Thus, employers may be best advised to review their policies about workplace investigations and consider revising wording that the current members of the NLRB may view as a blanket rule requiring employees to keep confidential matters under investigation. In addition, when employers do believe that they need to require or request confidentiality during a workplace investigation, they would be well advised to document their specific reasons for doing so.

Statements In Employee Handbooks That All Employment Is “At Will”

It is a well established practice for employers to state in employee handbooks that all employment with the company is at will. This means, in essence, that both the employee and the employer can end the employment relationship at any time, for any (lawful) reason, with or without notice. Among the reasons employers include such statements is to eliminate any misunderstandings, and to minimize the possibility that the handbook could be understood to create a right to continued employment or other legally enforceable rights.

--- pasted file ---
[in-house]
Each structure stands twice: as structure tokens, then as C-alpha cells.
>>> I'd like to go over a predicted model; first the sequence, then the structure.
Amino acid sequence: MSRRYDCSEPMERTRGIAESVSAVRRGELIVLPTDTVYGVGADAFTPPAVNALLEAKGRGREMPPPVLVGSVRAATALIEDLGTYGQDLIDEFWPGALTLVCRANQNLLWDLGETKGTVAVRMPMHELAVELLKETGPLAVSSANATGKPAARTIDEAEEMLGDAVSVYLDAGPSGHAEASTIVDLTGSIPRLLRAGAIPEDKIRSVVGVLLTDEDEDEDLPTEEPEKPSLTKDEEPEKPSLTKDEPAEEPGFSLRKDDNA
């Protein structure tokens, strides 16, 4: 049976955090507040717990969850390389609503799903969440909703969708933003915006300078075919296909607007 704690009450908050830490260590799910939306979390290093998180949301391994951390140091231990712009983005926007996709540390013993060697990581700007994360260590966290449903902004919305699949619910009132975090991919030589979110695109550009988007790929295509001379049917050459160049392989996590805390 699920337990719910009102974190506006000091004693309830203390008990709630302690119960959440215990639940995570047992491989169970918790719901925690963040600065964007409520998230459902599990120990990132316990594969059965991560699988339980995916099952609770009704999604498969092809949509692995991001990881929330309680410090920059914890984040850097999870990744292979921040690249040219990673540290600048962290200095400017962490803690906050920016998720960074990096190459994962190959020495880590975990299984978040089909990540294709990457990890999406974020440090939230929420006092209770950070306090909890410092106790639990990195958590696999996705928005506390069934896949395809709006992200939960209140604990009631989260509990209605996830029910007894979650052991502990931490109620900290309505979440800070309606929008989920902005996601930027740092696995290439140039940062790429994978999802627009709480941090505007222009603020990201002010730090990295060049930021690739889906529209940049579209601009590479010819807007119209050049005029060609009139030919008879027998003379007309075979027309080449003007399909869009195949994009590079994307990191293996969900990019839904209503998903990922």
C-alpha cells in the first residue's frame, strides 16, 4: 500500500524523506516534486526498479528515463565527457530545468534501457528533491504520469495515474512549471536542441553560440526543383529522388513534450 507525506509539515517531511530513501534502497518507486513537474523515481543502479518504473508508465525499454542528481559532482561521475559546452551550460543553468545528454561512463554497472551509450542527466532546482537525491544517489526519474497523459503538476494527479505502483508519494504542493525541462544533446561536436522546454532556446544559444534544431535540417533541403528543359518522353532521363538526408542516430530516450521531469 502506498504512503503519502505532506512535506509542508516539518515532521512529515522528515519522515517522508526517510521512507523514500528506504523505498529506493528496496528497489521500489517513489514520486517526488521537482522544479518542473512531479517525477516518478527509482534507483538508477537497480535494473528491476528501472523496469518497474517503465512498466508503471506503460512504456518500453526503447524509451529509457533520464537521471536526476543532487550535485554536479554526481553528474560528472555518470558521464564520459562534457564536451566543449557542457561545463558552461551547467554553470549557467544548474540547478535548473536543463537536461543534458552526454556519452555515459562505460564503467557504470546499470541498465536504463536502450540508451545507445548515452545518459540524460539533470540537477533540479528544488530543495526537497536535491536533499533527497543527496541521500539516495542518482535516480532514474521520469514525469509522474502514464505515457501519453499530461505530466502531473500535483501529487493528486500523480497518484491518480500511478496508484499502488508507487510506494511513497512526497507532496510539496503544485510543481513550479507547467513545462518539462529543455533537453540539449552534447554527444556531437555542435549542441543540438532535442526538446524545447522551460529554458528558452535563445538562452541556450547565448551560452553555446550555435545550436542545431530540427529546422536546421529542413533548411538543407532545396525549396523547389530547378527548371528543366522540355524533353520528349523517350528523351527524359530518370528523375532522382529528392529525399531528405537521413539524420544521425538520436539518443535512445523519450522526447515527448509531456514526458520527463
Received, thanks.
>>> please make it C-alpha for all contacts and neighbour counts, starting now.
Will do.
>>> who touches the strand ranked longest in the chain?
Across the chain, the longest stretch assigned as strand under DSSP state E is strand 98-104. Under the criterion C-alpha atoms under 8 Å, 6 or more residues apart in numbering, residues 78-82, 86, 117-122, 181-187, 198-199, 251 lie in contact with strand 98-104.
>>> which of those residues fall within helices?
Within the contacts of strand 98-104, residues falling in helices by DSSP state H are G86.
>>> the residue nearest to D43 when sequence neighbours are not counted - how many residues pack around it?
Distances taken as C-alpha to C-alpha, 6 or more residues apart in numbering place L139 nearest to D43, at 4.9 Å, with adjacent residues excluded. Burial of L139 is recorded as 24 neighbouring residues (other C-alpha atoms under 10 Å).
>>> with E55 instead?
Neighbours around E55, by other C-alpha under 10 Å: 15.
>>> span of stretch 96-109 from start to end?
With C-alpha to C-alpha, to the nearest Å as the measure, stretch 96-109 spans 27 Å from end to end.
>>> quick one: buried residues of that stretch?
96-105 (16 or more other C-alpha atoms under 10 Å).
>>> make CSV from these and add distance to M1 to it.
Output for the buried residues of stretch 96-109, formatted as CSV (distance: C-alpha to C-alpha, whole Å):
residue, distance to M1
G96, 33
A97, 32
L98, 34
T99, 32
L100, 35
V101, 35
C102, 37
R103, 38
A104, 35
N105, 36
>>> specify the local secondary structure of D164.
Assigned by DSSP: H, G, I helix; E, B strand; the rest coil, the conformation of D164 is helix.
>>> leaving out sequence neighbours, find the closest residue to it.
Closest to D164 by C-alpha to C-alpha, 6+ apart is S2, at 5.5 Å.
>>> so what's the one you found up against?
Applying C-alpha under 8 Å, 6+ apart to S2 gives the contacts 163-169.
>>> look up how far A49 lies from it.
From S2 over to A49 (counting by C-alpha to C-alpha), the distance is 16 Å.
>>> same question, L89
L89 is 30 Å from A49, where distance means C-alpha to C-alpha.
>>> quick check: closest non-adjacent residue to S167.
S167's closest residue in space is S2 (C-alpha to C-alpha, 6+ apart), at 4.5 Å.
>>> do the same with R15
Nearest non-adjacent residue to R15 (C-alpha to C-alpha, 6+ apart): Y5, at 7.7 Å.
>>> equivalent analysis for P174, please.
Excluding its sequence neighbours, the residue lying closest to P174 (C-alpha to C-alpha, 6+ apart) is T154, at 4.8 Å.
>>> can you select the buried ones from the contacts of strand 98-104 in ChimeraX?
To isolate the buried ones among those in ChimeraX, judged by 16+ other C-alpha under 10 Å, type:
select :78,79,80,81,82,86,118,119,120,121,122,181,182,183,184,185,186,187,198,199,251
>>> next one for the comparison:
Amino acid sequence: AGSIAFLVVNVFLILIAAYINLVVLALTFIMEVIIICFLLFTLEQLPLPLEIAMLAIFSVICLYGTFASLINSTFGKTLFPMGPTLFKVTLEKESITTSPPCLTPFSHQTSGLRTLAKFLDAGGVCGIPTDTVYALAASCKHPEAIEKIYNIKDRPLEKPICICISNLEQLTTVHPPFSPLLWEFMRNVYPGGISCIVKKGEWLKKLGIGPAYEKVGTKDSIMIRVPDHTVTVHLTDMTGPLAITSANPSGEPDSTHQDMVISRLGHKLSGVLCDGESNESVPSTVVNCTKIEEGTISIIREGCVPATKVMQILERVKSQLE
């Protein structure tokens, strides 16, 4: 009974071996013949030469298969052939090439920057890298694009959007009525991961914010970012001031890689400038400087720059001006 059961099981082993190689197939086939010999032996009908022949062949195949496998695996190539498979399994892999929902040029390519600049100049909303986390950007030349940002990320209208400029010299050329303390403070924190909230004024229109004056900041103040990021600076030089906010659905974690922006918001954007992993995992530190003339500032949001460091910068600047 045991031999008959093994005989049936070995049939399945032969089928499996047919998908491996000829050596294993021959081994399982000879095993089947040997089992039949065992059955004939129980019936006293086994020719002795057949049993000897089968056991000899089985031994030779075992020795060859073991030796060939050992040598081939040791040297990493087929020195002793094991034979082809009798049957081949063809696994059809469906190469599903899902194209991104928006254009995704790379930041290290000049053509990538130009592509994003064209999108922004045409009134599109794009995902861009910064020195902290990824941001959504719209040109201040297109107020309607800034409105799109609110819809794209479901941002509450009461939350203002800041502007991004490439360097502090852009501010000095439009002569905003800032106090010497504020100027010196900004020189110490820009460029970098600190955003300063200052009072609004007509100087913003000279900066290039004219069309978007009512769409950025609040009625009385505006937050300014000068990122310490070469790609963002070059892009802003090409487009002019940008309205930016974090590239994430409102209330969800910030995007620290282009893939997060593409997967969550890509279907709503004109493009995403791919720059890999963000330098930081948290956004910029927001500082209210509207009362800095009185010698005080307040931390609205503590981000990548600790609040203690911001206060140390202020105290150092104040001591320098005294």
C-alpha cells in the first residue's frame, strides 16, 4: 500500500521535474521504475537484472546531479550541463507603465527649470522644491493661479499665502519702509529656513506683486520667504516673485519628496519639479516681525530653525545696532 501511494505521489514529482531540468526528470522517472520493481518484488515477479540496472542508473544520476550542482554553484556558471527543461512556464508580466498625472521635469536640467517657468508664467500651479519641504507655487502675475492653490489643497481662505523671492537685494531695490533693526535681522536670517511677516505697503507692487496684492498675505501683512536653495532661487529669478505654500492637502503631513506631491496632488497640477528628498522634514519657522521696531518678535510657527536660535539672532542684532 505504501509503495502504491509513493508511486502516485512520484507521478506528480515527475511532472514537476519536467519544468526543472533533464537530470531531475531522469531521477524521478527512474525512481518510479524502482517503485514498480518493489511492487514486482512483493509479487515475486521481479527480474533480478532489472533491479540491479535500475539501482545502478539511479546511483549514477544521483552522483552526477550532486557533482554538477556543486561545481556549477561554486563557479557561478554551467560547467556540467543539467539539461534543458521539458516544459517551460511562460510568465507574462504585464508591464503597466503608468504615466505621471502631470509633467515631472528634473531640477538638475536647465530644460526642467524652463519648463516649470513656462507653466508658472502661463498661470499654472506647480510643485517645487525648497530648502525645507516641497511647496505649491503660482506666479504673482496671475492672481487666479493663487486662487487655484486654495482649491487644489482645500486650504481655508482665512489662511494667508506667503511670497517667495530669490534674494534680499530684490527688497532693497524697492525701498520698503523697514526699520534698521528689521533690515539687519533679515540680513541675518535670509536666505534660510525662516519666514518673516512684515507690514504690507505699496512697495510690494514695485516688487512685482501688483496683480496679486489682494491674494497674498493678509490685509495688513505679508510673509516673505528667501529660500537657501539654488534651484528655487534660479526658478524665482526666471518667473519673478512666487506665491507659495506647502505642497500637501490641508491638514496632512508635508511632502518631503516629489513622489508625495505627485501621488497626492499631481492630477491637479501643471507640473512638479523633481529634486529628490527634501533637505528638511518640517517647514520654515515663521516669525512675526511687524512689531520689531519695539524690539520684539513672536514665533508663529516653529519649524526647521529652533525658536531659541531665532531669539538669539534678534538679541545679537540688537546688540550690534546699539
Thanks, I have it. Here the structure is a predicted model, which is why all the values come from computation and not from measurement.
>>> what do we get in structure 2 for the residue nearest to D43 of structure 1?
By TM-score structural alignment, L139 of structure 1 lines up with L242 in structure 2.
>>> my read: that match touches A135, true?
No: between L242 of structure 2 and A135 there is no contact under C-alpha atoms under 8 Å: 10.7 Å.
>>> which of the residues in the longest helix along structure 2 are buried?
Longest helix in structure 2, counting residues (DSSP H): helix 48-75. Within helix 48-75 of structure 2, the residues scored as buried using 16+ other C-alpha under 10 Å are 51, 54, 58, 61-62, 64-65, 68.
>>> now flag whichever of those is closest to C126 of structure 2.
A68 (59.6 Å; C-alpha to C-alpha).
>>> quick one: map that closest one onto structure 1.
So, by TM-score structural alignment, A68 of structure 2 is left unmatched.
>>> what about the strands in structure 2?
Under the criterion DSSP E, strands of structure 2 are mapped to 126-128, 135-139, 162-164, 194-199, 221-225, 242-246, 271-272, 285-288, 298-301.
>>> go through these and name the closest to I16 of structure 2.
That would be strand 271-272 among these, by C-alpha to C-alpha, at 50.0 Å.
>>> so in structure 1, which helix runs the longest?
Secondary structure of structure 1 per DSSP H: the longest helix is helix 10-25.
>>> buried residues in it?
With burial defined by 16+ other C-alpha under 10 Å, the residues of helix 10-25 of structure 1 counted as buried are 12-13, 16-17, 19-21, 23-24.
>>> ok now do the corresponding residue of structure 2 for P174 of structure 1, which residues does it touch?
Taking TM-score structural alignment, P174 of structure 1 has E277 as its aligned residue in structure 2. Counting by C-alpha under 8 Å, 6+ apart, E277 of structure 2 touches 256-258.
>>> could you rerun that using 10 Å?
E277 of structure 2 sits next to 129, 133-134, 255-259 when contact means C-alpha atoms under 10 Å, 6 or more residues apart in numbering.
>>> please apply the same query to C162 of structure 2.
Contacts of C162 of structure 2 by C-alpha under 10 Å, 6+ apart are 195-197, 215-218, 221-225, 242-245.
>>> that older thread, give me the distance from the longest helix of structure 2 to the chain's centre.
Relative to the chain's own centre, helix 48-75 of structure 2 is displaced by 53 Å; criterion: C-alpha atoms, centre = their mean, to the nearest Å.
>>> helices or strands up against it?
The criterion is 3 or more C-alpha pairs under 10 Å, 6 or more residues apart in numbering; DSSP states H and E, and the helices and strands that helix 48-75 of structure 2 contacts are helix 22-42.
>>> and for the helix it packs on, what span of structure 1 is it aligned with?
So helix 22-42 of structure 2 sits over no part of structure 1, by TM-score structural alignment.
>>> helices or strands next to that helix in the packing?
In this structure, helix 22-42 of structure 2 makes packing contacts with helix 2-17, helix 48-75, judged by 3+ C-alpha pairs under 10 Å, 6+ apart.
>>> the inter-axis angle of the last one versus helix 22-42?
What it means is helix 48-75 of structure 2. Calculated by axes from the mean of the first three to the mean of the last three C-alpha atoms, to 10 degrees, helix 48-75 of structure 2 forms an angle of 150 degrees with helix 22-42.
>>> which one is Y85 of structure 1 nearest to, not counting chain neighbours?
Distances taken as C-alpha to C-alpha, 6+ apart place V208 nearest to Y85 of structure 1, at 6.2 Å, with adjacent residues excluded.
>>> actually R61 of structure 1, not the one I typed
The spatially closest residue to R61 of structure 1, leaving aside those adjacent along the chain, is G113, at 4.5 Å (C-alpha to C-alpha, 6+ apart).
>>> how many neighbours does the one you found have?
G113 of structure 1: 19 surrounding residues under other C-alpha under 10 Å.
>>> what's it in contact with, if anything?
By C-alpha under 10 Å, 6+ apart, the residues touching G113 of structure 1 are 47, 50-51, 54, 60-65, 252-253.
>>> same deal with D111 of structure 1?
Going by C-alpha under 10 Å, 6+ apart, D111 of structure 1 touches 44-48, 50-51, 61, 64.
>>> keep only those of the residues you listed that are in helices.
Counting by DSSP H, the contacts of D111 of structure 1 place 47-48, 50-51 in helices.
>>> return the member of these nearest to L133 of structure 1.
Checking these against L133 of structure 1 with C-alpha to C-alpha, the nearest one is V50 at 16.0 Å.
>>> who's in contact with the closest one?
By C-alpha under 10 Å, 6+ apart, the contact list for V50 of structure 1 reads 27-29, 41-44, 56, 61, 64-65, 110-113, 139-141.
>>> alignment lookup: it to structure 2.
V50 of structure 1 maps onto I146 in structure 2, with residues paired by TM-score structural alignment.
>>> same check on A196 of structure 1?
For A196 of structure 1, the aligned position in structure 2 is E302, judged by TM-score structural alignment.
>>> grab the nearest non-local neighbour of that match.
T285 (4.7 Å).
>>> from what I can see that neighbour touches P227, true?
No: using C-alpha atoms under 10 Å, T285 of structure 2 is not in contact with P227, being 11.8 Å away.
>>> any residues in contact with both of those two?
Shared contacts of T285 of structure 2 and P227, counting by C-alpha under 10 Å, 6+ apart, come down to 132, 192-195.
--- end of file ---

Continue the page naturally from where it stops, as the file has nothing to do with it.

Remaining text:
In February of 2012, an administrative law judge found that the American Red Cross had violated the National Labor Relations Act by having employees sign an acknowledgement that their employment was “at will” , which included the statement that: “I further agree that the at will employment relationship cannot be amended, modified or altered in any way”. The judge found that this quoted statement could lead employees to believe that they had waived their right to work with other employees to change their “employee at will” status, such as by forming a union.